Senate Dems dodge Trump impeachment talk

Senate Dems dodge Trump impeachment talk
© Getty Images

Senate Democrats downplayed — and in some cases pointedly changed the subject — when asked Wednesday if impeaching President TrumpDonald John TrumpSchiff urges GOP colleagues to share private concerns about Trump publicly US-China trade talks draw criticism for lack of women in pictures Overnight Defense: Trump to leave 200 troops in Syria | Trump, Kim plan one-on-one meeting | Pentagon asks DHS to justify moving funds for border wall MORE was on the table following the guilty plea of Trump's former longtime lawyer and "fixer," Michael Cohen, and the conviction of Trump's former campaign chairman, Paul ManafortPaul John ManafortWhite House braces for Mueller report Hillicon Valley: Trump pushes to speed up 5G rollout | Judge hits Roger Stone with full gag order | Google ends forced arbitration | Advertisers leave YouTube after report on pedophile ring Manafort to be sentenced for bank, tax fraud in Virginia on March 8 MORE.

Democrats, including members of leadership and potential 2020 presidential contenders, instead largely directed their focus toward trying to delay Supreme Court nominee Brett Kavanaugh's September confirmation hearing or passing legislation that would protect special counsel Robert MuellerRobert Swan MuellerSasse: US should applaud choice of Mueller to lead Russia probe MORE's investigation, neither of which is likely to happen.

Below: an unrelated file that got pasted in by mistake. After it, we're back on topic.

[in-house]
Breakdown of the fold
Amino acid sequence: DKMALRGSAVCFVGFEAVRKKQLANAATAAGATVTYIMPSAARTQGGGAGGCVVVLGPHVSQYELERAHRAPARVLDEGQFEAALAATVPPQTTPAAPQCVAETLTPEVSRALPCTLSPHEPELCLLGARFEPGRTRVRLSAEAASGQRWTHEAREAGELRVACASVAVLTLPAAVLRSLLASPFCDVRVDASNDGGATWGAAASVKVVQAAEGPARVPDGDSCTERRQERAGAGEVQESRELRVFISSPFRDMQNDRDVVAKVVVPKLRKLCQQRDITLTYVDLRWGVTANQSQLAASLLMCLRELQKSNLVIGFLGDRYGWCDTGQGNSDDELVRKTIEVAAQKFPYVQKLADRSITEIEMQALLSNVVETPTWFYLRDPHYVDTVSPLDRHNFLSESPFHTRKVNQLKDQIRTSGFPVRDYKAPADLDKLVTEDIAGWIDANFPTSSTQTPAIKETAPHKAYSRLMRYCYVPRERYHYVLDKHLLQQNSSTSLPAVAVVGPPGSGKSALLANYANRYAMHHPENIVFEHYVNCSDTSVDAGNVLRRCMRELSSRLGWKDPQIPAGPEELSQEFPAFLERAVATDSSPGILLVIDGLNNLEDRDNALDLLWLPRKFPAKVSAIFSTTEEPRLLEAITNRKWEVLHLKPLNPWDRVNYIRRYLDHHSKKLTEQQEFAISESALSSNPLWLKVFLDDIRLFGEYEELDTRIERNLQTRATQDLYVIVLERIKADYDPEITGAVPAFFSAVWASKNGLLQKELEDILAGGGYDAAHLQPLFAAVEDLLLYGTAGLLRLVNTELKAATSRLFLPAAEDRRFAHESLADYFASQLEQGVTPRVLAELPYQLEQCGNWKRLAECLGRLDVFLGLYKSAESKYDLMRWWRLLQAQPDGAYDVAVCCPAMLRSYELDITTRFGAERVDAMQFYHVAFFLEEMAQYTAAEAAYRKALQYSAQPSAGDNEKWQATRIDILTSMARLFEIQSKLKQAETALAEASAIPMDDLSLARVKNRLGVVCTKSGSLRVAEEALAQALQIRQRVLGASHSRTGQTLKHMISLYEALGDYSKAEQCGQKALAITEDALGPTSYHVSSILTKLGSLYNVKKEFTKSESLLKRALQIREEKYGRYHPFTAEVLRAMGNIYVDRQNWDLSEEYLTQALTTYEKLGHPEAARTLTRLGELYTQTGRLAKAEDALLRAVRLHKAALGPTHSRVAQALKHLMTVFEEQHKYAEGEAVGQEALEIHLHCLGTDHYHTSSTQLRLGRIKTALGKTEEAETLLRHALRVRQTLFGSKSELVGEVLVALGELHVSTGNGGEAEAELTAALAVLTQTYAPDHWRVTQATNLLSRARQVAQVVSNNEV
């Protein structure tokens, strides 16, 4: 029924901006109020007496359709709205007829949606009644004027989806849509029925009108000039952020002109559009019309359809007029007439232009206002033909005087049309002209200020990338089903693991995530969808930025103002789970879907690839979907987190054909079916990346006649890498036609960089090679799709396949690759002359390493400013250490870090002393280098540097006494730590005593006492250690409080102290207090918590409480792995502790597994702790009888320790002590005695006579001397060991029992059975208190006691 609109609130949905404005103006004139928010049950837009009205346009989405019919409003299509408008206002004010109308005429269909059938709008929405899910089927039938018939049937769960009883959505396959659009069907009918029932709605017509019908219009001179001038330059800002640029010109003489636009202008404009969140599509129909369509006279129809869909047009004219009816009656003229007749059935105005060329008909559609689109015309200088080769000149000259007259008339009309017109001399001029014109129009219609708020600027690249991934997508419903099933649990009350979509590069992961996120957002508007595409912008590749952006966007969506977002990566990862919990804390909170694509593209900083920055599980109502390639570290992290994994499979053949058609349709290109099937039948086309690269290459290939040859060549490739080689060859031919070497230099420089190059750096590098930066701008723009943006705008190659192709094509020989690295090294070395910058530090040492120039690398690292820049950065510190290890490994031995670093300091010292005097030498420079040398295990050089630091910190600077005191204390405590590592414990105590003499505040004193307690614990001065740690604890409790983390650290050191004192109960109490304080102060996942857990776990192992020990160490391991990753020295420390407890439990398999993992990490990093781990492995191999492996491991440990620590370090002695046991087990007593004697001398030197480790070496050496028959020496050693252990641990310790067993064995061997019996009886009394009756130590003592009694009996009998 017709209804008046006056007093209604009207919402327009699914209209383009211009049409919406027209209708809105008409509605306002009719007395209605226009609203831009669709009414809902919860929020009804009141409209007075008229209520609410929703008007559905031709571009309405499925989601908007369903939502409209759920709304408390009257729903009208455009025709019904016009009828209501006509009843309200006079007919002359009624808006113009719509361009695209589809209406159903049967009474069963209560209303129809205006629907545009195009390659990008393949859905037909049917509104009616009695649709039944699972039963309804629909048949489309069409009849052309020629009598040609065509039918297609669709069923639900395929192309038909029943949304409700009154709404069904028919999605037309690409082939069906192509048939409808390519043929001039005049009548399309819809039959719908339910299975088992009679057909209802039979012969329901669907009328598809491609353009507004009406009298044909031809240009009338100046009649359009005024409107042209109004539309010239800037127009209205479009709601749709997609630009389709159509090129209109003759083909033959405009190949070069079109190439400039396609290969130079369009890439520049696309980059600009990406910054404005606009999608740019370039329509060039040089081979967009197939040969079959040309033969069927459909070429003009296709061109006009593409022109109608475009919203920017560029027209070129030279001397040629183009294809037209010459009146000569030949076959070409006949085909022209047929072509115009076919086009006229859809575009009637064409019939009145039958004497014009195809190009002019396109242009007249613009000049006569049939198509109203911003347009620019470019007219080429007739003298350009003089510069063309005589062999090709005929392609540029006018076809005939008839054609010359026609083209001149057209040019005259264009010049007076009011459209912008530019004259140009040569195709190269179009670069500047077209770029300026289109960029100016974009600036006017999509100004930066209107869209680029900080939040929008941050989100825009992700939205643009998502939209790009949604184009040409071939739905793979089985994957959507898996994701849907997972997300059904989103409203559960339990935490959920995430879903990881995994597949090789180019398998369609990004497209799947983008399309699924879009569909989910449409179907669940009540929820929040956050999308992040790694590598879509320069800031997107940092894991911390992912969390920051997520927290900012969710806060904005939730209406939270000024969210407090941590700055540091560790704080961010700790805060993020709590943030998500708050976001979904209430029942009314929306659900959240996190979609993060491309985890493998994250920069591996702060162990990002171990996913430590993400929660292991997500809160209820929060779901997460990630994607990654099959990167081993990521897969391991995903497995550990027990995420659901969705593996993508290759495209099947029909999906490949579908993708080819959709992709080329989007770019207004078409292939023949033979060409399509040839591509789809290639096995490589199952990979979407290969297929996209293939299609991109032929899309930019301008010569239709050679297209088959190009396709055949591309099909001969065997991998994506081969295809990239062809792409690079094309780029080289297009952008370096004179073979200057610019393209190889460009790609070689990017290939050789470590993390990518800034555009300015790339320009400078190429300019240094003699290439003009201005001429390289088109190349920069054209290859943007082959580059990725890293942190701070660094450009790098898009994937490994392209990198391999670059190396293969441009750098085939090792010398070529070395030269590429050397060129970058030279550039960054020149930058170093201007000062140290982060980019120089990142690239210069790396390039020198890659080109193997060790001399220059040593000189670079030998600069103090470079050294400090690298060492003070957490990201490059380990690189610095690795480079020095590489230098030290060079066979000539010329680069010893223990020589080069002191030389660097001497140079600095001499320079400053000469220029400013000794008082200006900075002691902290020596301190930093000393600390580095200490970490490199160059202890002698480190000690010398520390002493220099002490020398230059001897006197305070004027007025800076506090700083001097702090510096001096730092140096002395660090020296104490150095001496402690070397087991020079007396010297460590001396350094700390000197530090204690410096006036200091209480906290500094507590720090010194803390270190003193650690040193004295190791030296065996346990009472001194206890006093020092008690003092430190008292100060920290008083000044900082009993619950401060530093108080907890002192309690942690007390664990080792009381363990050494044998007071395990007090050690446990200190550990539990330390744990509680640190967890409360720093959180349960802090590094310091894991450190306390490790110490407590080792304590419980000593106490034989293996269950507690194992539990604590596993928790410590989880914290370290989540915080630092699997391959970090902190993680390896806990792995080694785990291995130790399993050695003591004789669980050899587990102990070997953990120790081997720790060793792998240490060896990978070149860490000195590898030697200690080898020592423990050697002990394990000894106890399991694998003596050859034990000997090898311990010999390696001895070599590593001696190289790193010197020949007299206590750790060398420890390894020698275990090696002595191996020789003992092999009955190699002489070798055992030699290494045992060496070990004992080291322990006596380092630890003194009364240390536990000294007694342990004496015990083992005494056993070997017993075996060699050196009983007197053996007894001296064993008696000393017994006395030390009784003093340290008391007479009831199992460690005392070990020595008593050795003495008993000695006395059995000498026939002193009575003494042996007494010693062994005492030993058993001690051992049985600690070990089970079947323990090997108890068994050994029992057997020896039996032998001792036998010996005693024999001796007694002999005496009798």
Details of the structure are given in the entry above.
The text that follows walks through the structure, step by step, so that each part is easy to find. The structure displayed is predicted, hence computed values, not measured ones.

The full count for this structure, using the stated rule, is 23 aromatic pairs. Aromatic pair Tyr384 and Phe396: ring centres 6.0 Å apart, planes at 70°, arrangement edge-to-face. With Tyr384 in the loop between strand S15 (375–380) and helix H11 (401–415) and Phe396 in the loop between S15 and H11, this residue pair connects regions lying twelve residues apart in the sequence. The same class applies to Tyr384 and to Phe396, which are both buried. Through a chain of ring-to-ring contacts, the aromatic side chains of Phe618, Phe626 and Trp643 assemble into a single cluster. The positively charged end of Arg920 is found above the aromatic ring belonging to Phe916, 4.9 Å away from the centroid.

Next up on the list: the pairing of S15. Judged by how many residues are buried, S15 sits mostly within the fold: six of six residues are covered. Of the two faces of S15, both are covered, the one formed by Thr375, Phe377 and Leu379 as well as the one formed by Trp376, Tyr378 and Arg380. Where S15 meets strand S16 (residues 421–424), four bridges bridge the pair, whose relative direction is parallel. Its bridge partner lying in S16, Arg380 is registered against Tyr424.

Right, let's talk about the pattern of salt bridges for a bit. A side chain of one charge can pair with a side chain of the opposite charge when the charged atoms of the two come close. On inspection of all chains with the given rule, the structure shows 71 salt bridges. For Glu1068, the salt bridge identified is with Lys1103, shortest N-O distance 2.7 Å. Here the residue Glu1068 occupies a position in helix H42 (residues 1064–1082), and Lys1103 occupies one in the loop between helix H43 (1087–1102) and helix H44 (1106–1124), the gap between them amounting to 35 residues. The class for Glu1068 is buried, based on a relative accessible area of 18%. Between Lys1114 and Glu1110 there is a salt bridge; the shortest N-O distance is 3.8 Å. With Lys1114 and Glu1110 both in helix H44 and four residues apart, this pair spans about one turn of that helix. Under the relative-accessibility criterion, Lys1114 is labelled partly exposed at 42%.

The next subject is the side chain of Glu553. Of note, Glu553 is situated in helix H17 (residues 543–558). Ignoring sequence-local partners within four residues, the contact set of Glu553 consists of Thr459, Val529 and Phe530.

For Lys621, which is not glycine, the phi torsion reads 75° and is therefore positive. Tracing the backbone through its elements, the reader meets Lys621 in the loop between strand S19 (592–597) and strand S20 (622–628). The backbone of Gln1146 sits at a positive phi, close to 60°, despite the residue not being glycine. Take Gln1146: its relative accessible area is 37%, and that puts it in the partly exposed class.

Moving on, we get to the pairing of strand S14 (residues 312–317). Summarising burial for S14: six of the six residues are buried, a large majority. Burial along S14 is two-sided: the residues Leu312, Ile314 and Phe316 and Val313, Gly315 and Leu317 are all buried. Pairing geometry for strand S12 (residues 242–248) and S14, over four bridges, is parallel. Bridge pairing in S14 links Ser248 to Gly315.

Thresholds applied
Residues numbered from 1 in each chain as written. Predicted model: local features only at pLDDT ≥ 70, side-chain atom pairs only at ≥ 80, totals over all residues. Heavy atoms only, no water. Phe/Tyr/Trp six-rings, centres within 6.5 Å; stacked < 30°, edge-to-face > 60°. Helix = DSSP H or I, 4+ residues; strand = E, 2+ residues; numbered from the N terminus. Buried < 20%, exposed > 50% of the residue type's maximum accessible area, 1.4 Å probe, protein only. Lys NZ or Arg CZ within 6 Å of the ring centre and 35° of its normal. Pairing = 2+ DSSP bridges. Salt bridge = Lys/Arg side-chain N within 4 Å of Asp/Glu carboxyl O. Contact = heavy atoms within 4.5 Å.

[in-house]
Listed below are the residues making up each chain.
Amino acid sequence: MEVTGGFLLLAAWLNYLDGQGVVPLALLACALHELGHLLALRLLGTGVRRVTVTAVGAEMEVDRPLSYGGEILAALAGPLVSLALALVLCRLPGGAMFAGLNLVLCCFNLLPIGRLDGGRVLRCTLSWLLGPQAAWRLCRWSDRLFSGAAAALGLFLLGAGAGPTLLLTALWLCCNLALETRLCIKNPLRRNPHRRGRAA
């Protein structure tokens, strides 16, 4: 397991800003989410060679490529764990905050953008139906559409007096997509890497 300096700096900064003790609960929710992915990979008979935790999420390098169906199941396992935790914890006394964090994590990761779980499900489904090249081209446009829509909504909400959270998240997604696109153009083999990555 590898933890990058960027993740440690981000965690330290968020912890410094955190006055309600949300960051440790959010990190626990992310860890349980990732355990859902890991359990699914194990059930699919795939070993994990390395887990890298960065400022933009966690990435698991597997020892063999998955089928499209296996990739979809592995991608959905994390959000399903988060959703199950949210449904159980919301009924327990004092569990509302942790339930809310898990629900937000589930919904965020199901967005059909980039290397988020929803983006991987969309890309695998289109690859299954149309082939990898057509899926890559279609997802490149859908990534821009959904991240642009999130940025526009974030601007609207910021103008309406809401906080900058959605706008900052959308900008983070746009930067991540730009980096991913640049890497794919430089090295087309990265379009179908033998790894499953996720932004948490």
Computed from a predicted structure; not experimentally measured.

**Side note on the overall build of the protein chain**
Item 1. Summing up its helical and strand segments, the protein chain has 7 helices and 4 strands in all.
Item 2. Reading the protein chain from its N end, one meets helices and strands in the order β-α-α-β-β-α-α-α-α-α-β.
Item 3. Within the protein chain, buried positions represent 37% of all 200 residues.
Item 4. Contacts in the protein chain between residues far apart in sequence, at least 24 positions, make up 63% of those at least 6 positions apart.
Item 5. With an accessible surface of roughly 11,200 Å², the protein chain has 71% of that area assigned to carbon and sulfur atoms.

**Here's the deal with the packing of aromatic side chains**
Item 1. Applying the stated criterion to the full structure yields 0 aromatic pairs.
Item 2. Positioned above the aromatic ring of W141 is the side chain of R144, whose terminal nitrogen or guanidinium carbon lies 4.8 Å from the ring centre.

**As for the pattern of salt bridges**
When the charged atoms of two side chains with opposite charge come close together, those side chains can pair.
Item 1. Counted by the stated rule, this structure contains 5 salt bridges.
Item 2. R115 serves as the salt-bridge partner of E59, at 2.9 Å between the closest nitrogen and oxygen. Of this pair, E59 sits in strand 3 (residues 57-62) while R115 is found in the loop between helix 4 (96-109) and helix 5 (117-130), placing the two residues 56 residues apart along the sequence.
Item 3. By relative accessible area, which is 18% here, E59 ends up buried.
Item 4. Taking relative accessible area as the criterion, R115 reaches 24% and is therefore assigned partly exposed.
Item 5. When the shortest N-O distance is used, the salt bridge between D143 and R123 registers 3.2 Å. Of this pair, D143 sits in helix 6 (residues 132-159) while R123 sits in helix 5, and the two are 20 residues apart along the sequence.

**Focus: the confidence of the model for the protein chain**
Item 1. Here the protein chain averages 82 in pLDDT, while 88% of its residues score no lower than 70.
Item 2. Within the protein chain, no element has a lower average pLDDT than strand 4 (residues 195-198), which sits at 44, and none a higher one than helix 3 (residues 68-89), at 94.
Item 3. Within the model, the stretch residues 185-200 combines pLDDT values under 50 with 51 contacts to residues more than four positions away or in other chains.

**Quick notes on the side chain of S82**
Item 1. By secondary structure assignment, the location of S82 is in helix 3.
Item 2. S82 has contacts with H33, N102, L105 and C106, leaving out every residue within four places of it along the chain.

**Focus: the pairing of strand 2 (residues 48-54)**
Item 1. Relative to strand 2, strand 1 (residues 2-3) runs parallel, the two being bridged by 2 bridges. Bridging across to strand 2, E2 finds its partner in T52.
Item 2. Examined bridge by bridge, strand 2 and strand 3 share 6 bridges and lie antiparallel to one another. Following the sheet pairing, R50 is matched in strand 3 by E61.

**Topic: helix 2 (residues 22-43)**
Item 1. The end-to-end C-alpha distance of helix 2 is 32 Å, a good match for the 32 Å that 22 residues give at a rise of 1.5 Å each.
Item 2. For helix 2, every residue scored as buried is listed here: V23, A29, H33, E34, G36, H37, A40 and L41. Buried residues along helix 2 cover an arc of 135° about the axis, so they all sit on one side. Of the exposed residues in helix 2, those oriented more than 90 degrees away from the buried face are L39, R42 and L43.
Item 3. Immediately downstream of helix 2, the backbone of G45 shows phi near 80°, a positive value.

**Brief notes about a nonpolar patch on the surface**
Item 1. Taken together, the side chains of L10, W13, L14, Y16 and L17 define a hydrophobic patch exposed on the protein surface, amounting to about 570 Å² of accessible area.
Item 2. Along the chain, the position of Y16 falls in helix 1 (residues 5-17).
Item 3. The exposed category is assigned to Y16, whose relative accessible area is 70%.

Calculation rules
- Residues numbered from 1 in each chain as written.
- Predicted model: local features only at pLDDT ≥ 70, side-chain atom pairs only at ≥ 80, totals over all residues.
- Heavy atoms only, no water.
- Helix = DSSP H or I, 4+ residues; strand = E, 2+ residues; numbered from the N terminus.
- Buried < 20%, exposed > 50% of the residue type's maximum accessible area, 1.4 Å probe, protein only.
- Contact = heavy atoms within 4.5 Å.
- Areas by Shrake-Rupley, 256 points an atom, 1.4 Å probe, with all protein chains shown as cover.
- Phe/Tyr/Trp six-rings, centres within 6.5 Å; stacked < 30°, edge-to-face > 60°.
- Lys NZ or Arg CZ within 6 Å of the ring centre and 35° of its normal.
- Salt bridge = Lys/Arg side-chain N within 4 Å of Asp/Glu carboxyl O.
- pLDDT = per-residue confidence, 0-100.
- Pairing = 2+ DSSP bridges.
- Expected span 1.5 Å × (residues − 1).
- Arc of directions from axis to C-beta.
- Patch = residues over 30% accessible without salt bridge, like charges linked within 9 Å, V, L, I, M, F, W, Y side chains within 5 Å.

"What I want right now is for us to … wait until this Mueller probe is done before we move forward," Sen. Cory BookerCory Anthony BookerKamala Harris: Trump administration ‘targeting’ California for political purposes Gillibrand to appear on Fox News Monday night Overnight Energy: Trump ends talks with California on car emissions | Dems face tough vote on Green New Deal | Climate PAC backing Inslee in possible 2020 run MORE (D-N.J.) told reporters on Kavanaugh's nomination when asked about impeachment proceedings. 

Pressed if he thought talk of impeachment was "jumping the gun," Booker added that he had "given … my thoughts" and walked away from reporters. 

Sen. Elizabeth WarrenElizabeth Ann WarrenKamala Harris: Trump administration ‘targeting’ California for political purposes Harry Reid says he won’t make 2020 endorsement until after Nevada caucus Gillibrand to appear on Fox News Monday night MORE (D-Mass.), another potential White House contender, similarly declined to address if Cohen's guilty plea or Manafort's conviction warranted impeachment charges for Trump. 

The escalating legal battles against figures in Trump's orbit have ramped up speculation about the president's future, including some who say Cohen's guilty plea could serve as grounds for impeachment

Cohen, among seven other charges, pleaded guilty to one count of making an excessive campaign contribution on Oct. 27, 2016 — the same date he finalized a payment to adult-film star Stormy Daniels as part of a nondisclosure agreement over an affair Daniels alleges she had with Trump. 

Cohen said he did so at the direction of “a candidate for federal office,” not mentioning Trump by name.

Still, Senate Democrats are shying away from the talk.

Sen. Richard Blumenthal (D-Conn.) told reporters that various actions, including "indictment," should be on the table. 

"The president can be indicted. If he has criminal wrongdoing he should be indicted. The trial can be postponed. I recognize there's a serious legal issue. … Every remedy should be on the table," he said.